Brain Pattern Predicts How Fast an Adult Learns a New Language
Some adults can learn a second language better than others. For some, it comes more naturally it seems. Researchers from the University of Washington developed a study to understand why this happens. In their study of 19 adults with no previous experience learning French, they found that those in the study with a specific resting-state brain rhythm were more likely to learn the language quicker making this a factor in all adults. “We’ve found that a characteristic of a person’s brain at rest predicted 60 percent of the variability in their ability to learn a second language in adulthood,” said lead author Chantel Prat, a faculty researchers at the Institute for Learning & Brain Sciences and a UW associate processor of psychology. To read more, click here.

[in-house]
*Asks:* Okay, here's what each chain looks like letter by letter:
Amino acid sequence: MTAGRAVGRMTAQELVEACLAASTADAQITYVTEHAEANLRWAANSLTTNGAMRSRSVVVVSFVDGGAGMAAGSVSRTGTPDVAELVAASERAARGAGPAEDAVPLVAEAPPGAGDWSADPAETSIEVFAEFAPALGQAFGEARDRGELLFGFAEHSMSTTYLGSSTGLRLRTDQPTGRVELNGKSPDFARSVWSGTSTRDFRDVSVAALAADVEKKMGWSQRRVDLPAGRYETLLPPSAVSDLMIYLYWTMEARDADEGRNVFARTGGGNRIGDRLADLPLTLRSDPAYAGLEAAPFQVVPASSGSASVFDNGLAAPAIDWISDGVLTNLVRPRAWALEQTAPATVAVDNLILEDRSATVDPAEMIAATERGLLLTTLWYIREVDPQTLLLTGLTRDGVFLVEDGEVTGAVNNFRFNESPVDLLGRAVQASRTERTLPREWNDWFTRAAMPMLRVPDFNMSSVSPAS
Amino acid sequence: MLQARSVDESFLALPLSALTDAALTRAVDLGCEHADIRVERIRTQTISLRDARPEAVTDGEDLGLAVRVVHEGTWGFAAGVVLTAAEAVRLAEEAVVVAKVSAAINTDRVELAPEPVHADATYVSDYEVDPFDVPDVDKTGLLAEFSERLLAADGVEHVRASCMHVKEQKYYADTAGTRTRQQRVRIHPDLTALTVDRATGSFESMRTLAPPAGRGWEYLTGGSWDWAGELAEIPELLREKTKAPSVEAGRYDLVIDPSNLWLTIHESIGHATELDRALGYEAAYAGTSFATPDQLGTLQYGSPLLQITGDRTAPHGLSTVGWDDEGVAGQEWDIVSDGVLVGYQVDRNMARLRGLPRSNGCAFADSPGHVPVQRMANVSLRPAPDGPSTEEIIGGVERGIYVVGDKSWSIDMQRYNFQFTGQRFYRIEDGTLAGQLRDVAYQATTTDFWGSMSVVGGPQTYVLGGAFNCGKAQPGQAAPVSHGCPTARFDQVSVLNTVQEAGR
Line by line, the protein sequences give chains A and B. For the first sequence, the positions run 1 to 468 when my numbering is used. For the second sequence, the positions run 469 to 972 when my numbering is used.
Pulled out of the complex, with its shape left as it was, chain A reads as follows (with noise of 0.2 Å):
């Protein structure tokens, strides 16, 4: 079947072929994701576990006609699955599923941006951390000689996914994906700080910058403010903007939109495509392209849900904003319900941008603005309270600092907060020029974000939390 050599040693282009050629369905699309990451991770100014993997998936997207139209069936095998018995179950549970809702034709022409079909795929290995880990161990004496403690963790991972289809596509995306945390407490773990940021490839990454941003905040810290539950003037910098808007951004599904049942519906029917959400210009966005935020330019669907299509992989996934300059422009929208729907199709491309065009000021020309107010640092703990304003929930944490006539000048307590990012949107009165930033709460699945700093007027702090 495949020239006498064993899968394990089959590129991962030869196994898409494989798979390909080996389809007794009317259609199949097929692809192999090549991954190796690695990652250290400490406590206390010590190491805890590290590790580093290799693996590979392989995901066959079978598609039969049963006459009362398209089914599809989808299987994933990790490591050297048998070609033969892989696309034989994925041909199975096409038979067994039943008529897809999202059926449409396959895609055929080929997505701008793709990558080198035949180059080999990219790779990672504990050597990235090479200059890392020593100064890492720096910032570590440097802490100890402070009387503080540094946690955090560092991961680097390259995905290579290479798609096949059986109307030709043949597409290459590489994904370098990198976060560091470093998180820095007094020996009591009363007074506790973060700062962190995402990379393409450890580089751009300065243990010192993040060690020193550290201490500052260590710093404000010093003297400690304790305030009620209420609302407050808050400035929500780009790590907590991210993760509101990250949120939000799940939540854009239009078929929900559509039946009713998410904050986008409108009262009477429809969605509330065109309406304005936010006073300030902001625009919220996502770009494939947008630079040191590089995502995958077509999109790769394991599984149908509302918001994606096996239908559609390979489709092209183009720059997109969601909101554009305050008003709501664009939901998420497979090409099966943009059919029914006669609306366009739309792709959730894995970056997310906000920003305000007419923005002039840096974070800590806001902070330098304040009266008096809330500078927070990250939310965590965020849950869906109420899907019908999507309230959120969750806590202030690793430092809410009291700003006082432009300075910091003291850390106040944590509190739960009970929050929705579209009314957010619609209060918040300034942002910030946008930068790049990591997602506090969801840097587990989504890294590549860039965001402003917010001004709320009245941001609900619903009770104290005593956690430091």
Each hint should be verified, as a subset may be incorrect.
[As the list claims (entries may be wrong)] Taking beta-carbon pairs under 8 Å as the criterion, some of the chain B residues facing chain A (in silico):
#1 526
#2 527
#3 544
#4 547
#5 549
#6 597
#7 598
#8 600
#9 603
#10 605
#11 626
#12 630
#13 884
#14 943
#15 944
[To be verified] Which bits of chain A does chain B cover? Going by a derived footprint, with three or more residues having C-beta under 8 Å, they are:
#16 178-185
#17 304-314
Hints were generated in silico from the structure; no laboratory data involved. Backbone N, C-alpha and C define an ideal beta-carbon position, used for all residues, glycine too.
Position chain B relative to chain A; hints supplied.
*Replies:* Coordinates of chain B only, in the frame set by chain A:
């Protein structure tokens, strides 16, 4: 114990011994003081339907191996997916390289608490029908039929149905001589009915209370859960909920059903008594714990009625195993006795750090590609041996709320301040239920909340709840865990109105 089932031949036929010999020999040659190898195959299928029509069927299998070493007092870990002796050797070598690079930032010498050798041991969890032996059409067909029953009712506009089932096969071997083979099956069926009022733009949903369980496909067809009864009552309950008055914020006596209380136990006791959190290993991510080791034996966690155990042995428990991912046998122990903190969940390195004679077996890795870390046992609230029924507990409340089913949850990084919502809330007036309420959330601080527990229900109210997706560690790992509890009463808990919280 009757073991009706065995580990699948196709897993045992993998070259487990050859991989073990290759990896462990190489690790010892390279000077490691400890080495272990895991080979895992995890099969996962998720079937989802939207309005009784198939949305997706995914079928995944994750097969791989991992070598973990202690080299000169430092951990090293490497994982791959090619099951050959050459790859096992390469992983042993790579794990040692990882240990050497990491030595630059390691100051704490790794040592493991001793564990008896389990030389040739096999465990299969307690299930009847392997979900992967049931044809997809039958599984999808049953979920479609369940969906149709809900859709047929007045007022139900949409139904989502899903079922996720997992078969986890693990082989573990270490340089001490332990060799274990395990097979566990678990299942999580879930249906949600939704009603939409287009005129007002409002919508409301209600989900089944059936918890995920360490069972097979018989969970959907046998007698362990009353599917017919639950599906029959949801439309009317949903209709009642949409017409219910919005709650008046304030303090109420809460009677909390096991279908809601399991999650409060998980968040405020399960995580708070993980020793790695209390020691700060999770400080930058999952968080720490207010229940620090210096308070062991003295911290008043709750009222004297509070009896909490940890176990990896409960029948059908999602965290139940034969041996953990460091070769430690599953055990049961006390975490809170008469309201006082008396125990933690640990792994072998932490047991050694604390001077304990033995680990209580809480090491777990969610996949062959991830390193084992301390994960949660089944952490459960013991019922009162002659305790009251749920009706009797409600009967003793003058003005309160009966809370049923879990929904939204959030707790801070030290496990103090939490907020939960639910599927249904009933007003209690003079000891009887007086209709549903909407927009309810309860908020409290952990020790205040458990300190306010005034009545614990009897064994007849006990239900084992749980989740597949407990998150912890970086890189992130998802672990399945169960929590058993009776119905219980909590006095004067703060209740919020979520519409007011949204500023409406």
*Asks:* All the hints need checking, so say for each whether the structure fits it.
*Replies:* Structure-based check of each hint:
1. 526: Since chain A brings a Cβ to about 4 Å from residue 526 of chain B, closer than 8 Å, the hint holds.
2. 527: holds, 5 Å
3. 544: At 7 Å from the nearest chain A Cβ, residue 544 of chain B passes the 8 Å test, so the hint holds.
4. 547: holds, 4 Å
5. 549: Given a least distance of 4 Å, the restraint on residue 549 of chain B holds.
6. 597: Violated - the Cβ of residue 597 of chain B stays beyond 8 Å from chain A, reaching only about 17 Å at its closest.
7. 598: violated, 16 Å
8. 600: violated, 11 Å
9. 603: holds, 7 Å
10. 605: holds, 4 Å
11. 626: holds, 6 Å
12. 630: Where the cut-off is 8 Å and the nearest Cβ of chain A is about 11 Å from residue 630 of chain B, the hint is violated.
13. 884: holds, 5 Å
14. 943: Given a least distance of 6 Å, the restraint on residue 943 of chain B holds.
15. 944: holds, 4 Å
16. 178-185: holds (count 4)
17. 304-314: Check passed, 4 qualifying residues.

2017 AANS/CNS Section on Pediatric Neurological Surgery
Nov. 28-Dec. 1, 2017; Houston
2nd Homburg ICP and Hydrocephalus Workshop
Nov. 28-30, 2017; Germany
22nd Instructional Course and 45th Annual Meeting of the Cervical Spine Research Society
Nov. 29, 2017 - Dec. 2, 2017; Hollywood, Fla.